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Northeast Ohio spotlighted for collaborative approach to clean energy transition

Panelist sitting in a row, while Mayor Justin Bibb speaks into a mic
Zaria Johnson
Ideastream Public Media
Mayor Justin Bibb discussing local sustainability and clean energy investments at an America Is All In panel discussion on Wednesday, June 5, 2024. America Is All In Co-Chair Gina McCarthy, Growth Opportunity Partners CEO Michael Jeans, Cuyahoga County Executive Chris Ronayne and Akron Mayor Shammas Malik were also in attendance to talk about local initiatives underway and regional collaboration.

Local and national leaders gathered in Cleveland Wednesday to highlight how Northeast Ohio is embracing clean energy, along with the environmental and economic benefits that are coming from it.

During a panel discussion hosted by America Is All In, a national climate action coalition, Cleveland Mayor Justin Bibb pointed to programs like Cleveland Builds that work to ensure communities of color have the resources to benefit from the energy transition.

"From giving them funding to access transportation, to get to training programs or childcare to make sure that their children have good education while they're off at work getting trained for the green jobs of the future," Bibb said, "we're meeting residents where they are to make sure they could be a part of this transformation in our city."

The city of Akron has "a little bit of catching up to do," Mayor Shammas Malik said, but its partnership with climate solutions nonprofit Power A Clean Future Ohio will allow the city to catch up with Cleveland’s sustainability efforts.

"In the city of Akron, for a long time, we viewed sustainability as something we can't afford," Malik said. "We've done some good work around our water and other things, but we really have not brought a ton of focus to it."

Since taking office, Malik appointed Casey Shevlin as the city's first director of sustainability. Other climate-friendly initiatives have focused on public outreach and trust building, Malik said.

"We have to show people that they can trust us in making these decisions and making these investments, so we're not putting the burden on them that they really can't bear," he said. "I'm so excited to share with people some of these programs and to say, 'Hey, look! In communities across Ohio, we are doing this, and we're doing it in a way that is actually going to bring you resilience, that is going to bring you a better bottom line."

She says collaborative efforts between Cleveland, Cuyahoga County and other Northeast Ohio communities have set a standard, Co-chair of America Is All In Gina McCarthy said.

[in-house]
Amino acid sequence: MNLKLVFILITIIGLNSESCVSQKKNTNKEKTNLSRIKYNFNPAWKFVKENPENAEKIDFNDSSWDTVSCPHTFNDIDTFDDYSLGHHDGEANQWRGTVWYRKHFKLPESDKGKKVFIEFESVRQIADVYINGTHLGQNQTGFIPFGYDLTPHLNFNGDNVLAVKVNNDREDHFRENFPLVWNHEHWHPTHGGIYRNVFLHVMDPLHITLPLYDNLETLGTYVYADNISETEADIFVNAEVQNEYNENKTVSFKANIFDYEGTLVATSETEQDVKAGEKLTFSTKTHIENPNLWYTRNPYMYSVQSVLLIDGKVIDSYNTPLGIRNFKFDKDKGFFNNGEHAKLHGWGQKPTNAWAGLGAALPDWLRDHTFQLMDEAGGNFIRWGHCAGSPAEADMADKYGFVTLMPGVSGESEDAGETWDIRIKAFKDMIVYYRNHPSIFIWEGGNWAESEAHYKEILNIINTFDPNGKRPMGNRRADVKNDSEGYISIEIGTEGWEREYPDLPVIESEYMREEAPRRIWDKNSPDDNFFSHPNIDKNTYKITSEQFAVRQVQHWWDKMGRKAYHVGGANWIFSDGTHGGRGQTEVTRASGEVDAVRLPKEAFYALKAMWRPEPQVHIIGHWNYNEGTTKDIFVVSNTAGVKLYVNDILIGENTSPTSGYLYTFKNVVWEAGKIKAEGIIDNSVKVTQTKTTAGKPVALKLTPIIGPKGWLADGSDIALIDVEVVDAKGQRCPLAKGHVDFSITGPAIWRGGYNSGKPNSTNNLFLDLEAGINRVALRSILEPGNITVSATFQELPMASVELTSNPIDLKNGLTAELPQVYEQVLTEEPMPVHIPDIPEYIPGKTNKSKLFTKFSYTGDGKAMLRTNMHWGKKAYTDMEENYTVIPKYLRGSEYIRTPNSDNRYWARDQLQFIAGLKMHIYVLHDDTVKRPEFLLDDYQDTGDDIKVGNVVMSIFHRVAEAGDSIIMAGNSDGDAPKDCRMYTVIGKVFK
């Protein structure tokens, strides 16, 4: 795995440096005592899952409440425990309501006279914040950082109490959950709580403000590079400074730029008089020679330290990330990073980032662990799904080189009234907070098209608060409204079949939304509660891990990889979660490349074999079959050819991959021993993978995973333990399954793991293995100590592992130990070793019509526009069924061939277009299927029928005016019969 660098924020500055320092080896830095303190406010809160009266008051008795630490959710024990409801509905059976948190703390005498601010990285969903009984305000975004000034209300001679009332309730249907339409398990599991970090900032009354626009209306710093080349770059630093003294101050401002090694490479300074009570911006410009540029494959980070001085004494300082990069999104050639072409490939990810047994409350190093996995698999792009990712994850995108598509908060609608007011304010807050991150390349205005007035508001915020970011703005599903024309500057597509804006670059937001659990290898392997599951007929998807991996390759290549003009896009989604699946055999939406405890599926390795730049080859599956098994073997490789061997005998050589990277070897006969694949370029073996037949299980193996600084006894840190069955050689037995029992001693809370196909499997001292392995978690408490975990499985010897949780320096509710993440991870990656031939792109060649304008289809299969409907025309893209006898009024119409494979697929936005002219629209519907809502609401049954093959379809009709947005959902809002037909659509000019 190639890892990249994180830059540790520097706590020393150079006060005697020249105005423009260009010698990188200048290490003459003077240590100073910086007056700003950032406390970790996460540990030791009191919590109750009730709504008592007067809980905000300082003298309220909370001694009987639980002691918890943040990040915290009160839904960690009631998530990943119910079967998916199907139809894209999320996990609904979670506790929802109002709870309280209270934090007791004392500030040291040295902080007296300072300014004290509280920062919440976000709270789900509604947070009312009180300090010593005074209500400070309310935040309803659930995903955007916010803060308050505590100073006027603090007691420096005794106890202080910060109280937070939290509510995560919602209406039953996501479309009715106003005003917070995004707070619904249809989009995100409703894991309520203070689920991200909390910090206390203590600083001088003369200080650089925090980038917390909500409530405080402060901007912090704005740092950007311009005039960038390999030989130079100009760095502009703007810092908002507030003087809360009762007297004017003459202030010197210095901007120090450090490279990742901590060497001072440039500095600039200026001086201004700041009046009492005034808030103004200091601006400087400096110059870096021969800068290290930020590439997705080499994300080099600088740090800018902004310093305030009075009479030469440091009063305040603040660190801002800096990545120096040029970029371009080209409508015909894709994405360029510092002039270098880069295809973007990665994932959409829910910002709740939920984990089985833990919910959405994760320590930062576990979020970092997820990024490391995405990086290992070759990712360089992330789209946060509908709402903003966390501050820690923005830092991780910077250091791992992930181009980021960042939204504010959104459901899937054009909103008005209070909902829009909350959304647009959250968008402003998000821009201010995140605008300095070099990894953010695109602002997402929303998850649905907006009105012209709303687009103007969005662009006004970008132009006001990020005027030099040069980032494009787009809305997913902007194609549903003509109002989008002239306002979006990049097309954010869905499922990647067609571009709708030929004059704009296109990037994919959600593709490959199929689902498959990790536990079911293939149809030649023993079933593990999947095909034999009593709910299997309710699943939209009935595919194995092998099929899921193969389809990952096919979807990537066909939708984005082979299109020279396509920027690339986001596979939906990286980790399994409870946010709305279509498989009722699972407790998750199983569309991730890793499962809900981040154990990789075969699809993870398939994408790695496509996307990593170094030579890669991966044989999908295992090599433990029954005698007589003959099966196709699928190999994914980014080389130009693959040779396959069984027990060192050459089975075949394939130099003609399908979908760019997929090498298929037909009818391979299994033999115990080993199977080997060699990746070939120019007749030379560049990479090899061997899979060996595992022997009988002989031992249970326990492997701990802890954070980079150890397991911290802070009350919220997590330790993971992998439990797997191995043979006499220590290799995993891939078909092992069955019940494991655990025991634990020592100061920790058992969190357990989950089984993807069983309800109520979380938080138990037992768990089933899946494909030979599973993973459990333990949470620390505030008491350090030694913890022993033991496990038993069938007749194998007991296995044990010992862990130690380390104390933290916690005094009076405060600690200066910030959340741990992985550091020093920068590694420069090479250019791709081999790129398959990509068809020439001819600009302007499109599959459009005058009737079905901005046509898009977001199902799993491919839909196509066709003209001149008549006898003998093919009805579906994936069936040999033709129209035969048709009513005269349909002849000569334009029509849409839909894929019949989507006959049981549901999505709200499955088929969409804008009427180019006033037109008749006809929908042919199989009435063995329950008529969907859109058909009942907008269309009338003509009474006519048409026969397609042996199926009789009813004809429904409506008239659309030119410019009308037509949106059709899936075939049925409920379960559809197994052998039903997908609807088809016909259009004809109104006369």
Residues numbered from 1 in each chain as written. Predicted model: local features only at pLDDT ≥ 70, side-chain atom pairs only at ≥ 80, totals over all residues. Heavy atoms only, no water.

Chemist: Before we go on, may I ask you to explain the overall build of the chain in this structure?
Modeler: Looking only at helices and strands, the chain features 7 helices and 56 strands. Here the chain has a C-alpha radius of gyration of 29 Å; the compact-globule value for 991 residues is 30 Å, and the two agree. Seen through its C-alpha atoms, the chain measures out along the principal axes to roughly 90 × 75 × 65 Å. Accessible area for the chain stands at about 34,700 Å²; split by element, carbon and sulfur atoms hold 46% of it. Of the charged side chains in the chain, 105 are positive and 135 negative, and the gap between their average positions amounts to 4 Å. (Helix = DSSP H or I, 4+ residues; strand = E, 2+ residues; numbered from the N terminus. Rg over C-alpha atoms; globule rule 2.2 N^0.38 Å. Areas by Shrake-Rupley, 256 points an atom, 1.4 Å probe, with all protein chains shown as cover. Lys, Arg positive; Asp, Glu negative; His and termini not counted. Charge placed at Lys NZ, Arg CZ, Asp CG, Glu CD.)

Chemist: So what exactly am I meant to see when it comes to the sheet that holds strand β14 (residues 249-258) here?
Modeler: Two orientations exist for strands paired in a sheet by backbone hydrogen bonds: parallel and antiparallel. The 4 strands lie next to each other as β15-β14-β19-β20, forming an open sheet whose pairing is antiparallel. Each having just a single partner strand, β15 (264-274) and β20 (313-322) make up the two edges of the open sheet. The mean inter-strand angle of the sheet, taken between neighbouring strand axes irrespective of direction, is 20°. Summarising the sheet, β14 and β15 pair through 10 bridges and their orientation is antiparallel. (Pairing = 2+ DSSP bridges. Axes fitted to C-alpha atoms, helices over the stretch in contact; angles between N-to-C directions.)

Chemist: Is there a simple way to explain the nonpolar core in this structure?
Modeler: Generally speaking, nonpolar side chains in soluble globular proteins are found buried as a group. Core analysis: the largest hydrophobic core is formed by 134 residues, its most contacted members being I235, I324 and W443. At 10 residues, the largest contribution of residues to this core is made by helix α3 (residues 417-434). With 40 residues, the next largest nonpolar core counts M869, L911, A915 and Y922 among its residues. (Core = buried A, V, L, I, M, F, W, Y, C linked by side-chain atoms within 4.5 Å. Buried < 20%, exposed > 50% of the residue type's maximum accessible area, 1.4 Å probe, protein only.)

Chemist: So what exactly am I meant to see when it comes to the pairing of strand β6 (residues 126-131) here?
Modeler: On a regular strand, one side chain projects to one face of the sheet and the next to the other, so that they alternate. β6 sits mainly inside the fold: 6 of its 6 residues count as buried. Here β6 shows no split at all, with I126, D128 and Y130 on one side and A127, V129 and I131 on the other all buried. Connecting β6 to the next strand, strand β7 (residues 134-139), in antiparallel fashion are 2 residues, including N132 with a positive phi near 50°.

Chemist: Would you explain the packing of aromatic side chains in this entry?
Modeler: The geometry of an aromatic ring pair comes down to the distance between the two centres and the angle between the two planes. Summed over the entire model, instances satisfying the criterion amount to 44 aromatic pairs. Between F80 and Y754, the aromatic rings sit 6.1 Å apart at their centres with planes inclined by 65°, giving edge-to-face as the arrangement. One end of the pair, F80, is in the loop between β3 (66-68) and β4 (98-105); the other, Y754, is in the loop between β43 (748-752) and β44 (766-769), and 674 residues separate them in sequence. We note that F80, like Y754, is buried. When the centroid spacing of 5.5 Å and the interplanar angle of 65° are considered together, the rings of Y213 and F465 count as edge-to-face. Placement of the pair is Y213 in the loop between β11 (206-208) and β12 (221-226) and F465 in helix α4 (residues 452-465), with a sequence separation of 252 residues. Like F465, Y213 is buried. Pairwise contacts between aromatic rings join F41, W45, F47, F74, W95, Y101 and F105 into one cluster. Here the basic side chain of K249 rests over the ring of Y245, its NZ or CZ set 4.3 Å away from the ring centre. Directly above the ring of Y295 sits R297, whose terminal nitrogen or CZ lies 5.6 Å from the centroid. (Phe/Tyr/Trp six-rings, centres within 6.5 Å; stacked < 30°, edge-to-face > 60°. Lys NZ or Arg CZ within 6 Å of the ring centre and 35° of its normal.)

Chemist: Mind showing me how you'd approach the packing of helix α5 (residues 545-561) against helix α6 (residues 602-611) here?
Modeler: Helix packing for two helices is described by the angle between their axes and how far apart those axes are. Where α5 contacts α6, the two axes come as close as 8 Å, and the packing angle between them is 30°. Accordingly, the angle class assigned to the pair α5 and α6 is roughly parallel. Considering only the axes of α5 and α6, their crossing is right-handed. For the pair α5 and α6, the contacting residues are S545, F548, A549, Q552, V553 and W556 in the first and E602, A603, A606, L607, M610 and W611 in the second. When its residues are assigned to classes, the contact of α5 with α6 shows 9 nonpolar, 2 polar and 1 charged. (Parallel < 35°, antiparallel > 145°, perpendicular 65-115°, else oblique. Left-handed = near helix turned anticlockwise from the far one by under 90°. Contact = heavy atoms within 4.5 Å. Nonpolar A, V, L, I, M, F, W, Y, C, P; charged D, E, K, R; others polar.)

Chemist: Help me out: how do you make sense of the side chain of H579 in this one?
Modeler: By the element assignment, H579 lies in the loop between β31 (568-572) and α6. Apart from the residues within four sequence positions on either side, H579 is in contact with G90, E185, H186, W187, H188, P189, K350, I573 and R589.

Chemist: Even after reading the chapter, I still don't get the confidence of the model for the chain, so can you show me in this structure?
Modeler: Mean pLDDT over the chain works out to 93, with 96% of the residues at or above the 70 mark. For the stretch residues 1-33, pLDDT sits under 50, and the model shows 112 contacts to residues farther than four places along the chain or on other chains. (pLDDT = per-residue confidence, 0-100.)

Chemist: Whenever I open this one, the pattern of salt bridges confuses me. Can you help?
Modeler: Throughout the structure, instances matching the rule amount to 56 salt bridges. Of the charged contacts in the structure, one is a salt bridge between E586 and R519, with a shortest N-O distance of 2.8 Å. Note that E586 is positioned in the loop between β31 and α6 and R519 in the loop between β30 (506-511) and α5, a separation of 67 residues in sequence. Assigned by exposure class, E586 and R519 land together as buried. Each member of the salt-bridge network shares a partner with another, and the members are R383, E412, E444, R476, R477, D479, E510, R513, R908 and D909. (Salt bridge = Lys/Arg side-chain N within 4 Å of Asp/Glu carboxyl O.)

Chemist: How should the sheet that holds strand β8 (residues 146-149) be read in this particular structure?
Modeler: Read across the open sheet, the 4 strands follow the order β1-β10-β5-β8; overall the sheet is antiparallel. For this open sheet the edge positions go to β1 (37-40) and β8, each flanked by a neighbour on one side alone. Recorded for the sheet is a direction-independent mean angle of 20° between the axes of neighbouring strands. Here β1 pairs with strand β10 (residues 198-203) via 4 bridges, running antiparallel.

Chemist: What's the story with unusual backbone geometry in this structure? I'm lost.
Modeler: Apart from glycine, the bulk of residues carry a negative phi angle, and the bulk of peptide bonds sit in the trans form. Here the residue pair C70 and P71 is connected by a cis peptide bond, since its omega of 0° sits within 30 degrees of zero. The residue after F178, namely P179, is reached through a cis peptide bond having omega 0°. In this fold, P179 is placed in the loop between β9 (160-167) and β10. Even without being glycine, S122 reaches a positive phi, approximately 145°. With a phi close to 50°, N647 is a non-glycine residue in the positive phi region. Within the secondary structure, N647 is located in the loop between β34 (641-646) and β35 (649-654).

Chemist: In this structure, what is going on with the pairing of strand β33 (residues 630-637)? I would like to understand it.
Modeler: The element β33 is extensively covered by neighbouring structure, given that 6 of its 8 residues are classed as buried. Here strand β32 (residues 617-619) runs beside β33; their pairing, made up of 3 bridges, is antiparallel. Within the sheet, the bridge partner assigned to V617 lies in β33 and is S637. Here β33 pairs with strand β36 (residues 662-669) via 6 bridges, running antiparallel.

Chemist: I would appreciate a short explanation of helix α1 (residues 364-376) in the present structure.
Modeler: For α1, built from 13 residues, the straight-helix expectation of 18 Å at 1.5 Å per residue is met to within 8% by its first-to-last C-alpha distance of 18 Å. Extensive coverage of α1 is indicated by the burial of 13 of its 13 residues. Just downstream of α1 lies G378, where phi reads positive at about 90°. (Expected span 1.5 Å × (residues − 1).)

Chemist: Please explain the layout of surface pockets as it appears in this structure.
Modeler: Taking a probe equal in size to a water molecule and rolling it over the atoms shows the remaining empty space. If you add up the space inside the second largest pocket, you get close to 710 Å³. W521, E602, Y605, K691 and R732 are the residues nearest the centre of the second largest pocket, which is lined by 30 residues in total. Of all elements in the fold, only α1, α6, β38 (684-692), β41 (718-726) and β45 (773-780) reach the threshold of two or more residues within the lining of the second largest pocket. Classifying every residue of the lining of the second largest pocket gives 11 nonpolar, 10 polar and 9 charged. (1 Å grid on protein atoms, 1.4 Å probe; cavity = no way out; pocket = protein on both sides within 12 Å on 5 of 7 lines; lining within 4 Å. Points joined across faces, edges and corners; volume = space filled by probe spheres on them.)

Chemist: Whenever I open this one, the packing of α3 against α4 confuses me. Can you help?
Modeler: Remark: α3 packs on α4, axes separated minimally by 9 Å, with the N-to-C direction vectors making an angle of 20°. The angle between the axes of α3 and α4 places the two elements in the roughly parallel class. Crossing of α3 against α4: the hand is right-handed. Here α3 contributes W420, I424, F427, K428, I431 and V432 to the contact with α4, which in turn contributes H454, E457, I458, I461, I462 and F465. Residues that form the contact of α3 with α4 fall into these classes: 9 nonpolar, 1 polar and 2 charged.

"They're not just interested in what Cleveland does for Cleveland or what Akron does for Akron," she said. "They recognize that this is an opportunity to think much more regionally and get everybody excited about it."

In April, Black-led green bank Growth Opportunity Partners received $156 million in federal funding to lead an equity-based Solar for All programfor for low-income, disadvantaged communities in Ohio, Indiana, Kansas, Michigan, Missouri, New York, Pennsylvania and West Virginia.

"I can't tell you how thrilled we are that the EPA saw the value in our application," Growth Opportunity Partners CEO Michael Jeans said. "Now it's time to implement, and it's going to take the work of all the folks in this room and broader to get this work done in a meaningful way."

Last month, Cuyahoga County Executive Chris Ronayne announced a county-wide Solar for Schools programthat will install solar panels at high schools in Maple Heights, Euclid, Cuyahoga Heights and East Cleveland.

America Is All In will be supporting future regional collaboration, McCarthy said, and to help facilitate the implementation of these projects.

"They're going to be bringing in technical expertise to the table. They're going to bring policy analysis to the table, so that they can work with these community leaders and hopefully accelerate and expedite that transition," McCarthy said. "People need to see change. They need to see those benefits to make them real."

Equitable access to clean energy projects in 25 cities across the country, including Cleveland and Akron, will also be supported by a $200 million-dollar investment through Bloomberg American Sustainable Cities initiative.

Corrected: June 6, 2024 at 12:56 PM EDT
This article was updated to clarify the role of the $200 million investment by the Bloomberg American Sustainable Cities initiative.
Zaria Johnson is a reporter/producer at Ideastream Public Media covering the environment.